Originally Posted by DrNefario
That chart essentially shows that the key difference in costs between the hardback and the ebook is a little over $3 - the printing, storage and distribution at the bottom of the right-hand column. The ebook is way more than $3 cheaper, so where are the grounds for complaint? All of the cost savings and more are being passed on to the consumer.
What "cost savings?" This was after publishers insisted on stores not being allowed to sell ebooks for $10. That was "devaluing books"--even though a lot of us never pay more than $8 for a book because we buy paperbacks. So a lot of customers saw prices rise, not fall, with agency pricing. The distributor got squeezed, and customers got squeezed; no "savings" were passed along anywhere.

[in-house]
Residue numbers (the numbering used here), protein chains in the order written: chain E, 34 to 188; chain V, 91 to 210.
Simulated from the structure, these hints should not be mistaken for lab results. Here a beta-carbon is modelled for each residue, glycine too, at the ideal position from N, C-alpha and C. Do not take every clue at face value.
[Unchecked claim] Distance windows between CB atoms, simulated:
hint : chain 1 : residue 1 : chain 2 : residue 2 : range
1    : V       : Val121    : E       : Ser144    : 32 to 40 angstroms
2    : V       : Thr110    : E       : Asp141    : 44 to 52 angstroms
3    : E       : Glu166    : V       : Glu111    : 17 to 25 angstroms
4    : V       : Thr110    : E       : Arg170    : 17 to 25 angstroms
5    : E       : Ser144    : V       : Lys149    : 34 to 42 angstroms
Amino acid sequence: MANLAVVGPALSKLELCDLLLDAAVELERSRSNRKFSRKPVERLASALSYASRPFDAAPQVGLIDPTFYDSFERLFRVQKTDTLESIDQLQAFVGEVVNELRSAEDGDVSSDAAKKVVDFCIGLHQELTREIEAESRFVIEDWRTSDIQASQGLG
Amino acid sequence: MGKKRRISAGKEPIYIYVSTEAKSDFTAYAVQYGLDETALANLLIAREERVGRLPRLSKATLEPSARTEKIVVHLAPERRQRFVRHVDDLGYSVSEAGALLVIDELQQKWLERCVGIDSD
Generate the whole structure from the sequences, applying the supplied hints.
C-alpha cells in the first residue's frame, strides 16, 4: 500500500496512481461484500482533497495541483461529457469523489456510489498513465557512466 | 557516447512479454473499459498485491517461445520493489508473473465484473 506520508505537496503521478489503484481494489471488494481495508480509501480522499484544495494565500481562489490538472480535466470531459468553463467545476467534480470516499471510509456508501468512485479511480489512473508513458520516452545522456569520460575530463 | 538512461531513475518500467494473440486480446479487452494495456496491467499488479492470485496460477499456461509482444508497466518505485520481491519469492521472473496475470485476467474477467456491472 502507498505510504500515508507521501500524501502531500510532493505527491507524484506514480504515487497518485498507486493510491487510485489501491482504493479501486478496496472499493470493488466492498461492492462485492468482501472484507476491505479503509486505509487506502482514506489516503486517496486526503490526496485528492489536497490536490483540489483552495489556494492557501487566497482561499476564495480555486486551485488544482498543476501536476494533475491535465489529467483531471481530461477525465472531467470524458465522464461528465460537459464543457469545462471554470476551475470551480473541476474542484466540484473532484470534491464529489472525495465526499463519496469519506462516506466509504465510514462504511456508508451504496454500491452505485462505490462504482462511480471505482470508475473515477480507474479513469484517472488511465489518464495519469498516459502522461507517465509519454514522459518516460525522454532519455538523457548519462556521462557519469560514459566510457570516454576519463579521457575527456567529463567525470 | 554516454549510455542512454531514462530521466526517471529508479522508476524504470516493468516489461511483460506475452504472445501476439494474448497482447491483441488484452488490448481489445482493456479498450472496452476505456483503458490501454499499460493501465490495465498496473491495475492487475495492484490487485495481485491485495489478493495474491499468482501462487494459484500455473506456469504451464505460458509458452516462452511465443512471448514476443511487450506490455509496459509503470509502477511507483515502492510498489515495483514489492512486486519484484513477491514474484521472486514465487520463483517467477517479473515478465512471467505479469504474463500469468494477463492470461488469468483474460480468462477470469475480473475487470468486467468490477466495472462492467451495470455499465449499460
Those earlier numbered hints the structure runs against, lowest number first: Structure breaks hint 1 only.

Why should consumers pay extra money that's not supporting the author--if $4 is enough profit for a hardcover, why isn't it enough for an ebook?
The print cost shows an equity between author and publisher: after development and retail costs, the author and publisher make about the same amount of money. For the ebook model, the publisher makes almost three times as much as the author. Setting aside "why would authors tolerate this?" (more of them are deciding not to), why should I, as a consumer, pay that?
Of course, the other option is "don't buy that book." Shrug. I don't. I don't like supporting scam artists, and I don't see what publishers offer that I should pay them more than twice as much as the author gets. Especially when they've gone out of their way to kill the ability of retailers to offer bargains... the agency model's a big part of what killed Fictionwise.
The chart is also flawed, as it doesn't show per-unit costs; the print costs exist per-book no matter how many books get sold; the editing costs are eventually paid off and stop being an expense. And it definitely doesn't work when applied to paperbacks.